The Ethics of Aesthetics

Comments posted as my response to the weareoca blog post

https://www.oca.ac.uk/weareoca/photography/the-ethics-of-aesthetics/

After 68 previous replies it is almost certain that I won’t come up with anything that hasn’t already been said. Jose’s original post concentrated on reactions to the projects by the two photographers in purely photographic terms; are they aesthetically satisfying as pure photographic works? I find a couple of reactions from later respondents particularly relevant here. Marmalade (Jan 2012) said ‘the very fact Oxfam has commissioned Chaskielberg would suggest that new tactics are indeed necessary to ‘cajole’ us in to action’, and Philoca (Feb 2016) said ‘The images that NGOs use however serve a very different purpose to images from photojournalism or documentary photography.‘ These two comments sum up my issue with the original post, that treating these as pure art doesn’t work anyway. To different degrees both Chaskielberg and Rankin have manipulated their subjects and locations to tell the story they wanted to tell, and both lose a lot in naturalness as a result (Chaskielberg loses more than Rankin but so what?). Given the purpose for which they were intended though surely any discussion of aesthetic responses to these works is irrelevant if they produced the result that Oxfam wanted?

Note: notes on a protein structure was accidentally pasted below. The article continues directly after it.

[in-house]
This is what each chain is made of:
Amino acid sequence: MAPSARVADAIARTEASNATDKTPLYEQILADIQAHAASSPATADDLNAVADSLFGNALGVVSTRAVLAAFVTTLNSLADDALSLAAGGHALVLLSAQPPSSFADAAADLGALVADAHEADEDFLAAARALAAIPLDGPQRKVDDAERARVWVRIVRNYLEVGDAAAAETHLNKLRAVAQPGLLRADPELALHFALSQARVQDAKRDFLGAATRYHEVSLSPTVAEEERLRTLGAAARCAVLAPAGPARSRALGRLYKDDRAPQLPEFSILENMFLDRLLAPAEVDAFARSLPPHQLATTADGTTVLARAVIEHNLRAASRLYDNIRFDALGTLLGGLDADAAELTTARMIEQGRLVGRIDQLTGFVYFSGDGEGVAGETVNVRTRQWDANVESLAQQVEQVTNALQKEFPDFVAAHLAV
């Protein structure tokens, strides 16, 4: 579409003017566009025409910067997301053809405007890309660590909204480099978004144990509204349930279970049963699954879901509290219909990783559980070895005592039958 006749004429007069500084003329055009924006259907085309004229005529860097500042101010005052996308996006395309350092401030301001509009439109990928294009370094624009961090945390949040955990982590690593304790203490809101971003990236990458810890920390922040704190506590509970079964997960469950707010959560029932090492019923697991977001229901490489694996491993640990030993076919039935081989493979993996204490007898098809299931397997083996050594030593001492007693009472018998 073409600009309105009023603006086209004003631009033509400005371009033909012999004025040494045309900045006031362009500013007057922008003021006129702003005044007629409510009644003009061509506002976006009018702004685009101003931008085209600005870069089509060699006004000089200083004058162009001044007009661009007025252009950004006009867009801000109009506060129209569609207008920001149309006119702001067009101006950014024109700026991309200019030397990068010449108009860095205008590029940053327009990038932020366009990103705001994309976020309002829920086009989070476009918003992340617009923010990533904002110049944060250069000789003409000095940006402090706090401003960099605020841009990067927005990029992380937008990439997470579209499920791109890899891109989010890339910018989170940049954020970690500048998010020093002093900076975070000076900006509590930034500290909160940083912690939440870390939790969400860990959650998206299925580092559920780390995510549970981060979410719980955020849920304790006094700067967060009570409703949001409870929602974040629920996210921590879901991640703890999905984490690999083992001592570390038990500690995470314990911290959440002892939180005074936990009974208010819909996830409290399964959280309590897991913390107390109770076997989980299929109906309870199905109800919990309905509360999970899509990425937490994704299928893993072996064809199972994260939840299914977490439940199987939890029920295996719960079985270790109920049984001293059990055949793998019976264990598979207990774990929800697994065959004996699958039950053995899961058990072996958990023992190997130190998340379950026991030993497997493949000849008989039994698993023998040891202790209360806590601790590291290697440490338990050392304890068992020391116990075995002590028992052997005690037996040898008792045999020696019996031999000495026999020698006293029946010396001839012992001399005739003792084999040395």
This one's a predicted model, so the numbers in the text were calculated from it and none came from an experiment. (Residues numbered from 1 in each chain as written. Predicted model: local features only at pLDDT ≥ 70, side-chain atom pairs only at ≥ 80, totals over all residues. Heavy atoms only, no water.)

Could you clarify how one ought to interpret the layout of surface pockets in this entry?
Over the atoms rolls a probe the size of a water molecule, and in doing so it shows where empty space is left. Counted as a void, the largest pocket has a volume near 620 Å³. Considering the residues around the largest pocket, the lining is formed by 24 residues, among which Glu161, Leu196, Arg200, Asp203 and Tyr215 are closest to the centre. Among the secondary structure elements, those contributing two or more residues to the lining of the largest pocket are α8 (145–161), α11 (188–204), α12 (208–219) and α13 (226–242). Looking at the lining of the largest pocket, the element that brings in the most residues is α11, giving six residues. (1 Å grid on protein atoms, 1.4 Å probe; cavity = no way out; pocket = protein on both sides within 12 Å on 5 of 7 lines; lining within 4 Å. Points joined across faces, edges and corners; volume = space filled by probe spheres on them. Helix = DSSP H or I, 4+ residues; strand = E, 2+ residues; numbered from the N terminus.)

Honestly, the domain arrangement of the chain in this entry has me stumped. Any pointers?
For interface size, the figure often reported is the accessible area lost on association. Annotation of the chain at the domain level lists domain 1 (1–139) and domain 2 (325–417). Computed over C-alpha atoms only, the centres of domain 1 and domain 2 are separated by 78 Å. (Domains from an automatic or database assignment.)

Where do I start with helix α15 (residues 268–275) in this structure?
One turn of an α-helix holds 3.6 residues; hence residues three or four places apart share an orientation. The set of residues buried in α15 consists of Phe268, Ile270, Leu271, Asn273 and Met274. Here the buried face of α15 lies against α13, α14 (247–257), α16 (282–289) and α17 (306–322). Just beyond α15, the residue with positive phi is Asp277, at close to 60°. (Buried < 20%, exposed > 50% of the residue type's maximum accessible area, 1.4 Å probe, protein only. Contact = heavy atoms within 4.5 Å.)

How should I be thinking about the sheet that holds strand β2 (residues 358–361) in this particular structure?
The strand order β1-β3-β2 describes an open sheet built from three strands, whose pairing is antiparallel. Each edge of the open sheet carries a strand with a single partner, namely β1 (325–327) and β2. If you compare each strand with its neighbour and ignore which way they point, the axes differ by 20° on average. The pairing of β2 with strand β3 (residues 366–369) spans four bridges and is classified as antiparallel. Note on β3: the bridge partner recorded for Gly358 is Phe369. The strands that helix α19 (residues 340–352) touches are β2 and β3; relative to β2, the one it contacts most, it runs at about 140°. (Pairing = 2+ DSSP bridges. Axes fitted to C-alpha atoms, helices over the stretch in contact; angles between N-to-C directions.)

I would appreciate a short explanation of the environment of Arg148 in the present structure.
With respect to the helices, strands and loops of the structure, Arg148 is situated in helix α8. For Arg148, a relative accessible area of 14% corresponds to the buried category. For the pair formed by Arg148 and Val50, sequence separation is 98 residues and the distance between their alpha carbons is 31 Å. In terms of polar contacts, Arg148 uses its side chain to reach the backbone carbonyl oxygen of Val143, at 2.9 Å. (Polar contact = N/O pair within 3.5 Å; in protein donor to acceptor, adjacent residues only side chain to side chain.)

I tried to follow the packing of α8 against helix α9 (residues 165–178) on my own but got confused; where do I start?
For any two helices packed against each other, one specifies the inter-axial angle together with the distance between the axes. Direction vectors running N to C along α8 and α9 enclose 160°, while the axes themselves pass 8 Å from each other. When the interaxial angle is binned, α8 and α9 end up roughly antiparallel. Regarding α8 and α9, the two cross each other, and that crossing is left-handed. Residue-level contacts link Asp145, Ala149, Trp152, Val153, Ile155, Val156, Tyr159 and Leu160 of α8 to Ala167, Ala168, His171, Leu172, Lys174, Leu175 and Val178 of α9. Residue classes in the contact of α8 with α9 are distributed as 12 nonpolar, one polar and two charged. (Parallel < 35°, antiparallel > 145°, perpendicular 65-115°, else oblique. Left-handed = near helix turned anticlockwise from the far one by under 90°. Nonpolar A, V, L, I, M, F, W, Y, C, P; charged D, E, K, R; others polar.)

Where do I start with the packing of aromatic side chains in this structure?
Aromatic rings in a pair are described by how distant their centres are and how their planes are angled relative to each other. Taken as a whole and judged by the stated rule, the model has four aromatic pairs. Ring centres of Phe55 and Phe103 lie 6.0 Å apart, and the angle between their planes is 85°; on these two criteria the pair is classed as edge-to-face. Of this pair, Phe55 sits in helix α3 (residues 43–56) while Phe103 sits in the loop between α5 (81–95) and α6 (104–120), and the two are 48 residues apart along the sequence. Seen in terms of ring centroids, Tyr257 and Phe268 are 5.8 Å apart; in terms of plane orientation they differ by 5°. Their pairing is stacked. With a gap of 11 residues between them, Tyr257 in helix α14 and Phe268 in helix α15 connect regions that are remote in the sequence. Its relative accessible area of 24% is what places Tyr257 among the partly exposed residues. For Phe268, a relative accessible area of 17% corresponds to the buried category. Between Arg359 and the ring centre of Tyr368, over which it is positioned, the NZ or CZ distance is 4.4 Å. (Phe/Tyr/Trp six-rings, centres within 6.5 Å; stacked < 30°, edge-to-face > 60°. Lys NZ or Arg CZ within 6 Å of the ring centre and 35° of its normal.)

In both projects the subjects were involved in the staging, so it seems a fair assumption that they were largely in agreement with what the photographer intended. Jo Harrison (Jan 2012) said that Oxfam’s photographic policy must ‘depict hope, dignity, and a realisation that change can happen’. That both works were produced for Oxfam makes it possible to differentiate them on those grounds. Rather than Jose’s coments about a connection in Rankin’s work that is missing in Chaskielberg, the real differentiator is surely which one had more effect on Oxfam’s fund raising?

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